A Curriculum to Address Incongruence, Isolation, Shame, and Ethic of Christian Emerging Adults’ Sexuality

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Christian emerging adults (CEAs) who struggle with a shame-based sexuality may do so because of incongruences between their theology and their sexual behavior. Isolation further complicates the plight of CEAs seeking a healthy sexuality, as these issues are often addressed alone. The print resources available to assist the CEAs are lacking, as they tend to be narrow in focus, lack practical tools for achieving the ideals presented, or are aimed at adolescents. In addition, practical findings in the field of psychology are not typically a component of these Christian resources. Thus, there is a need for a resource that is meant to serve CEAs’ particularities and includes appropriate psychological and theological tools and theories. In this paper, I have proposed a psychologically informed group curriculum to aid CEAs in developing a congruent and shame-free sexuality. Therefore, I recommend an adaptation of the integrative intervention “The Family,” as it is a psychologically informed intervention, which can be used to reduce shame, and it provides social support for participants. In addition, I suggest that the curriculum include a concept component and that it be conducted in a religious setting (e.g., religious university or church). This writer detailed an experiential, group-styled curriculum that incorporates the aforementioned elements.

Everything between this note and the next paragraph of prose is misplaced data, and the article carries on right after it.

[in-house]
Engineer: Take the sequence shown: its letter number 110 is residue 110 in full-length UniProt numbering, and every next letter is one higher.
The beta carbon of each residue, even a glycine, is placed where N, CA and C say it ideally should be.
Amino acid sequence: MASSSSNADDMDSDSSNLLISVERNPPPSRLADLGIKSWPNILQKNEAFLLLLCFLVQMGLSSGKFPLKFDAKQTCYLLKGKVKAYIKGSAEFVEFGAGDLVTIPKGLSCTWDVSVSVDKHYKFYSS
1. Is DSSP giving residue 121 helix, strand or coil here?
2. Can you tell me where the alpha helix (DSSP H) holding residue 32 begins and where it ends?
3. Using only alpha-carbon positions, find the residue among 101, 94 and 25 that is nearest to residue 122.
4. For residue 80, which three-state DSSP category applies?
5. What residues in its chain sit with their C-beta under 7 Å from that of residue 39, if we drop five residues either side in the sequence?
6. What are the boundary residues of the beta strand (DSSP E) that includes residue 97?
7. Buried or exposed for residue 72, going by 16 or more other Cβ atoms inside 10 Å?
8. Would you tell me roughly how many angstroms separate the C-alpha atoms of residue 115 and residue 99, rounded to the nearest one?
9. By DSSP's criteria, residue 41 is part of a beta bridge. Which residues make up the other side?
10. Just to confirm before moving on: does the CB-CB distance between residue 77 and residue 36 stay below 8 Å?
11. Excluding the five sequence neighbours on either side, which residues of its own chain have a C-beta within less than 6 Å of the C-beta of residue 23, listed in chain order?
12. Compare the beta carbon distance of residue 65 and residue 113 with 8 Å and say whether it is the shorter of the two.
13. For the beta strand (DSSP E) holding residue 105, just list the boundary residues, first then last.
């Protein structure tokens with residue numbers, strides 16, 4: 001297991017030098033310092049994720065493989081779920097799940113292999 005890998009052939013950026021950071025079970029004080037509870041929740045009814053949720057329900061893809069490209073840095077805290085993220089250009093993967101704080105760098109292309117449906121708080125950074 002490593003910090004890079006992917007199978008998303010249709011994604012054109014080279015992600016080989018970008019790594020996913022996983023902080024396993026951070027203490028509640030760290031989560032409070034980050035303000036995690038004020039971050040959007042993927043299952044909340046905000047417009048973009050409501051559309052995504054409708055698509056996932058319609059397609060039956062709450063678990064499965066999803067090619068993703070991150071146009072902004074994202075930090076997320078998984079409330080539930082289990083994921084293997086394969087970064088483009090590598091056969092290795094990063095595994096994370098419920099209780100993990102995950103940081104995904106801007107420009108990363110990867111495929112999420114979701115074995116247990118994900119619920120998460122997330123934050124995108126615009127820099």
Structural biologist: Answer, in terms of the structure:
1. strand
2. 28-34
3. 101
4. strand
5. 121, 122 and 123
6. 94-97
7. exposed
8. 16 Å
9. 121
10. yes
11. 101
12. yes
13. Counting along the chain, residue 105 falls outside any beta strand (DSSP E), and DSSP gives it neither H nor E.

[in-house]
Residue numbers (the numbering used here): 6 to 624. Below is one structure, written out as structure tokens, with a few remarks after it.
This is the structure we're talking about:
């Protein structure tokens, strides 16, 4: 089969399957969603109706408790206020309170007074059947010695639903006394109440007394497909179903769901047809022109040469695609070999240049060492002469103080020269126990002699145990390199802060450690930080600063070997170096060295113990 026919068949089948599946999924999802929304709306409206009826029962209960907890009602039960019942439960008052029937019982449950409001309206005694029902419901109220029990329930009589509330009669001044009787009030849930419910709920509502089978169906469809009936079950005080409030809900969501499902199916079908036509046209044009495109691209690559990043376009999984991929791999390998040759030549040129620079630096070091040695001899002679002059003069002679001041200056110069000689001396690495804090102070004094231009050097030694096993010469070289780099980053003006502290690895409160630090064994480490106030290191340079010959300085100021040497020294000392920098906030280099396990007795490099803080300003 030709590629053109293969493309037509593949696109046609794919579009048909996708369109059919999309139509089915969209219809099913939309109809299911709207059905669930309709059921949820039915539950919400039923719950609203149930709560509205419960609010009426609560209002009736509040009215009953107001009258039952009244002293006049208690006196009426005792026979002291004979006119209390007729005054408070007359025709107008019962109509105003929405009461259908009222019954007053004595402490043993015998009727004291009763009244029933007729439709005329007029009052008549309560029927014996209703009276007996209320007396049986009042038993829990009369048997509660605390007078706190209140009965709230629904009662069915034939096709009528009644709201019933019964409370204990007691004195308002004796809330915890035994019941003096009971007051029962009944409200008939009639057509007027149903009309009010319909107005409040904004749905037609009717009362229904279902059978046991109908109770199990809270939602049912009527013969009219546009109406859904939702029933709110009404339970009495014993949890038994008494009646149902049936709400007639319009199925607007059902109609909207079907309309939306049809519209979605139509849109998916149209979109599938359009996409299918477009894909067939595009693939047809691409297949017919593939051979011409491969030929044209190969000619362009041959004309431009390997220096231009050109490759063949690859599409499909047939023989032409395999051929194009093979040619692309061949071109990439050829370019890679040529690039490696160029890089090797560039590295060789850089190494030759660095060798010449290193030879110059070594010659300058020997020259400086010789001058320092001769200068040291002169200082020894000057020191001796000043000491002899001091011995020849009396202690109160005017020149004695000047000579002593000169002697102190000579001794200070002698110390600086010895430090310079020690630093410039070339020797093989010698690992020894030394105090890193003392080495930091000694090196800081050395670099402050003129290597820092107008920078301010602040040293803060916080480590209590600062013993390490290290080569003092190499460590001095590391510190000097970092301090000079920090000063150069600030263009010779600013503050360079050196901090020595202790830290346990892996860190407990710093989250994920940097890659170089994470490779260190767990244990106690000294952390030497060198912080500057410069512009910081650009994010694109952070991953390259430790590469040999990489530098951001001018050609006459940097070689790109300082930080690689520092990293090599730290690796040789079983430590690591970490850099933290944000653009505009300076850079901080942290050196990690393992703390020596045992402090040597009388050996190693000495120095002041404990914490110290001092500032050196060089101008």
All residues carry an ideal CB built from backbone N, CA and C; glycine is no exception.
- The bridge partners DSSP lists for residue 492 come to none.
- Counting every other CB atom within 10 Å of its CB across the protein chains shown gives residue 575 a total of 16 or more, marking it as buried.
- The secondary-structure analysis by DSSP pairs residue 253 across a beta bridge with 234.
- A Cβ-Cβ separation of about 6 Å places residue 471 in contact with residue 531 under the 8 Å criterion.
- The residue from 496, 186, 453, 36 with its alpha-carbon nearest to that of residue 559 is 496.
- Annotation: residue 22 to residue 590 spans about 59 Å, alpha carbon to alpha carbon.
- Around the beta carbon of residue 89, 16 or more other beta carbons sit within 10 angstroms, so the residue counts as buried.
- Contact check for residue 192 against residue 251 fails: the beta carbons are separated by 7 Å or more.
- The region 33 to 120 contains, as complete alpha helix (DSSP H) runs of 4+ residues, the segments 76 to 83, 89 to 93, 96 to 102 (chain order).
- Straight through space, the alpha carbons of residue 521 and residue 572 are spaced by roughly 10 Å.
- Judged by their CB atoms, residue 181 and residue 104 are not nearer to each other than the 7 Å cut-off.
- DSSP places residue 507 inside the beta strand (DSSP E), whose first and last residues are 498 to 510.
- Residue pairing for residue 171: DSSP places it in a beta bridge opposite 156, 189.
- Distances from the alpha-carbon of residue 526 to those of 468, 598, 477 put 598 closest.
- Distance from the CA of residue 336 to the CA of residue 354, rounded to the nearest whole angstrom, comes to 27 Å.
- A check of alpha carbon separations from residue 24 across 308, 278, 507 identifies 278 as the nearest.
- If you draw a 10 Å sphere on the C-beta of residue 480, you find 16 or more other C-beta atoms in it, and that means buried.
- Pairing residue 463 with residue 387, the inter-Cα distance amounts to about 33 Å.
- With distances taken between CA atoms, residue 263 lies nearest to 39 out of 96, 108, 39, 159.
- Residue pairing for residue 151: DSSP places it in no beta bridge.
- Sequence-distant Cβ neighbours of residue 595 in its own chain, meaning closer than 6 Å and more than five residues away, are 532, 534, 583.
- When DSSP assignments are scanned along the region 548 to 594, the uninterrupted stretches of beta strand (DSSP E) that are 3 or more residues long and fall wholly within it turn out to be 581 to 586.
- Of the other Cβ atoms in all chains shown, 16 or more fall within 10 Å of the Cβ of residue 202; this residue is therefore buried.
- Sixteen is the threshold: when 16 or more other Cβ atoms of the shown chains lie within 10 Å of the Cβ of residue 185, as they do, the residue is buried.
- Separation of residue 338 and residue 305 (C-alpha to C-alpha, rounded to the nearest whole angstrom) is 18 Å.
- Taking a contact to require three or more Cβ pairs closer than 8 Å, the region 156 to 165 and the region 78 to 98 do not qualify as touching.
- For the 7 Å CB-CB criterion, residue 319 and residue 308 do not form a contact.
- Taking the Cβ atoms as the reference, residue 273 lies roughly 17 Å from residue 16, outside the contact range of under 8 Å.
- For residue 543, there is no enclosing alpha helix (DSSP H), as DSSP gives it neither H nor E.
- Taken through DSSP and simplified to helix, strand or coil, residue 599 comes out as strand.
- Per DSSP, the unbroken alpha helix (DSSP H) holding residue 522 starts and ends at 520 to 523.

Degree Name

Doctor of Psychology in Clinical Psychology (PsyD)

First Advisor

Strawn, Brad

Document Type





Young adults, Sexual behavior, Shame, Christian ethics, Curriculum planning




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